15. Taking another call
Answering a text during an interview is disruptive and unnecessary. But you wouldn’t do that, right? No way, not you. Checking your phone, taking a call, failing to remove your Bluetooth — it’s the best way to show your employer this job is not your top priority. To avoid making this costly interview mistake, silence your phone, and place it in your bag where it can’t be caught tempting you with notifications.
16. Failing to make a case
Amid all the stress, nerves, and social cues, you might actually forget to make a convincing case for yourself upon leaving the room. Know with every inquiry made, you must demonstrate how your past experiences directly relate to the job in question. During an interview, you cannot allow your resume to speak for itself any longer. Be specific with your accomplishments, and address how you plan to utilize them. Failing to identify the strengths and abilities you bring to the table could be the reason the employer decides to pass on you as a candidate.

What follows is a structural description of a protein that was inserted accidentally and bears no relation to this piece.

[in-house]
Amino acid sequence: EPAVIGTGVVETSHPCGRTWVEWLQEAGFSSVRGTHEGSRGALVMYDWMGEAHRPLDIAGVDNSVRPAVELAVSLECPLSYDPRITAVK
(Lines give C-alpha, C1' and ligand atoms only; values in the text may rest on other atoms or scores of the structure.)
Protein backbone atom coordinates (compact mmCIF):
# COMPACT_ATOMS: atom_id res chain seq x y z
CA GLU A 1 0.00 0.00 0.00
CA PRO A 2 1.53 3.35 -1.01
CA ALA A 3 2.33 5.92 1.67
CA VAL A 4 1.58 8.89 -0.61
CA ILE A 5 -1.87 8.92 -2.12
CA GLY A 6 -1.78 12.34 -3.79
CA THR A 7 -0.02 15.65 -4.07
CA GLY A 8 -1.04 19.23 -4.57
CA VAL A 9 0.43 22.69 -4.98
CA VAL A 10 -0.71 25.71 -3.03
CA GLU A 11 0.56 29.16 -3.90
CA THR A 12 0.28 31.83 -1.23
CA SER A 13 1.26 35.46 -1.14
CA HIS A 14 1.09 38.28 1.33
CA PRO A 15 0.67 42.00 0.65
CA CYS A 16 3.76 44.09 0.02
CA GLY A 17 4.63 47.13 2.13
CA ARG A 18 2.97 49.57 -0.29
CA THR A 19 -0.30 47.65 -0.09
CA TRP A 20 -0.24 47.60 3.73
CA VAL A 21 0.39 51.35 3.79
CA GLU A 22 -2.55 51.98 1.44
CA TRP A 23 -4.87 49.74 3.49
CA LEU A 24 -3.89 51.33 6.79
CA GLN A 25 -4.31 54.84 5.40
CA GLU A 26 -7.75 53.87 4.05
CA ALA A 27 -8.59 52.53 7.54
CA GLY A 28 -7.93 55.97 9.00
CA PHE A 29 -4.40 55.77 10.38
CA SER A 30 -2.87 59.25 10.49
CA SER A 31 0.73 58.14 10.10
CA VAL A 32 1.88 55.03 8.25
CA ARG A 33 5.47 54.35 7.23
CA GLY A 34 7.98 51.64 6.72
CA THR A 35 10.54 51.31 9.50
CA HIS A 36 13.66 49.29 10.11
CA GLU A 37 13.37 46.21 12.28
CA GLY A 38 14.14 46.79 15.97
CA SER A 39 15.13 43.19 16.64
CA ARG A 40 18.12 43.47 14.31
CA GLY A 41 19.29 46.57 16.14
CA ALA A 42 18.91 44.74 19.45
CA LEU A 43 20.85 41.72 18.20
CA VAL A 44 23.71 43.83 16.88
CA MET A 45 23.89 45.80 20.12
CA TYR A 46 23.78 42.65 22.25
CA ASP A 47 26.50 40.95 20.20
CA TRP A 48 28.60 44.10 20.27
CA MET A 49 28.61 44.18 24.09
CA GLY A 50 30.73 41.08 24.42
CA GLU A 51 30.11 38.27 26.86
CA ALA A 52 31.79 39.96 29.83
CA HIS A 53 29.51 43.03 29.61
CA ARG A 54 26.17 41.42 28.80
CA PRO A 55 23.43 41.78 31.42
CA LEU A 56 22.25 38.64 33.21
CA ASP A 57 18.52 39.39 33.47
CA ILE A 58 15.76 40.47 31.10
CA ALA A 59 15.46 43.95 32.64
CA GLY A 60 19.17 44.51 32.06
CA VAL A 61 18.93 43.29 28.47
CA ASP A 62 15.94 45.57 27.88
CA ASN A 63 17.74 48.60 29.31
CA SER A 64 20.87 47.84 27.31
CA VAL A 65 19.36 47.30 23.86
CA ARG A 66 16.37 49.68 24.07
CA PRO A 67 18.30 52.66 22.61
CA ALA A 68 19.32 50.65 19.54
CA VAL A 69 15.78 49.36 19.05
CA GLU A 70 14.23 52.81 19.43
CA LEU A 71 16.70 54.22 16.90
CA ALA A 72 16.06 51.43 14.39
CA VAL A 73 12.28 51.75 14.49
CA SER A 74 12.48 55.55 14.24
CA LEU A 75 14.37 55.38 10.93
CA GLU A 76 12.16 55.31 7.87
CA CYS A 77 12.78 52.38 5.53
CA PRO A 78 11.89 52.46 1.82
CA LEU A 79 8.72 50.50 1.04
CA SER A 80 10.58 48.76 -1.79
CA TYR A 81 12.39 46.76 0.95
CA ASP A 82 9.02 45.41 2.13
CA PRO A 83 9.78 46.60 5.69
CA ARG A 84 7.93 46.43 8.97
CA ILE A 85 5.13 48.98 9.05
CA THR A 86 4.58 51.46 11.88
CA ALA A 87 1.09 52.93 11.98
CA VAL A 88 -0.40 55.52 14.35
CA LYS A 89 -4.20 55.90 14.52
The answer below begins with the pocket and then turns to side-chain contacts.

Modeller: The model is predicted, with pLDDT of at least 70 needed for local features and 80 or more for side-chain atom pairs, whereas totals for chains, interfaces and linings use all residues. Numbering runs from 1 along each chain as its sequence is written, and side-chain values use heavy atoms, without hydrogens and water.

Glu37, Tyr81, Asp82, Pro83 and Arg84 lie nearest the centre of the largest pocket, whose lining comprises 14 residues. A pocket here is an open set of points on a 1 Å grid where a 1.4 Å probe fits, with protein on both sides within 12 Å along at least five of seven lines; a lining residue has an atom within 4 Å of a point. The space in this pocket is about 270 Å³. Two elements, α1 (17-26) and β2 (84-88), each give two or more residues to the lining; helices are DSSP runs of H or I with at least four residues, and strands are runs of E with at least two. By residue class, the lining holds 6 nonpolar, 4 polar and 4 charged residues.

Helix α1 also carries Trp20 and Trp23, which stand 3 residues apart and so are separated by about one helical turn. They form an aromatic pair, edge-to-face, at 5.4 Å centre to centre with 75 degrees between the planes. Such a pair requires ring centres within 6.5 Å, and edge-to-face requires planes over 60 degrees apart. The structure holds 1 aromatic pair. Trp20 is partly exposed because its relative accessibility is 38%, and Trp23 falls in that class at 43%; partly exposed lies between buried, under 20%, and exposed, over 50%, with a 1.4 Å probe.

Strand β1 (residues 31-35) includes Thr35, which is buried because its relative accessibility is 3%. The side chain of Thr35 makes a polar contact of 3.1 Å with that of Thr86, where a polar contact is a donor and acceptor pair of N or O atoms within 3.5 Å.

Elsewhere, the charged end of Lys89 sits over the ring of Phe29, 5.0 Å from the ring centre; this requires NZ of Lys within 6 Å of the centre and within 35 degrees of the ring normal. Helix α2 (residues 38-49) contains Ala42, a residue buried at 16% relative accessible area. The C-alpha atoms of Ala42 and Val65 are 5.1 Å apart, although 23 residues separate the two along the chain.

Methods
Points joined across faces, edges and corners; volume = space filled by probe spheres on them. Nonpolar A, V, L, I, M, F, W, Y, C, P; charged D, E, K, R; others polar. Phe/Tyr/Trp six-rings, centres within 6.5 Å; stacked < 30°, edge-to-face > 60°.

17. Failing to ask for a job
There’s a term in sales that suggests you remember your ABCs. It stands for “always be closing.” When the interview ends, ask what the next steps in their hiring process are in an effort to move the process along. There are plenty of candidates who won’t proactively fight for a job they want. Don’t be that person. Find out whom your post-interview contact is and when and how to contact that person. Then, hope to seal the deal by expressing interest in the position again, and follow up with each person in a timely manner.
Follow Lauren on Twitter @la_hamer.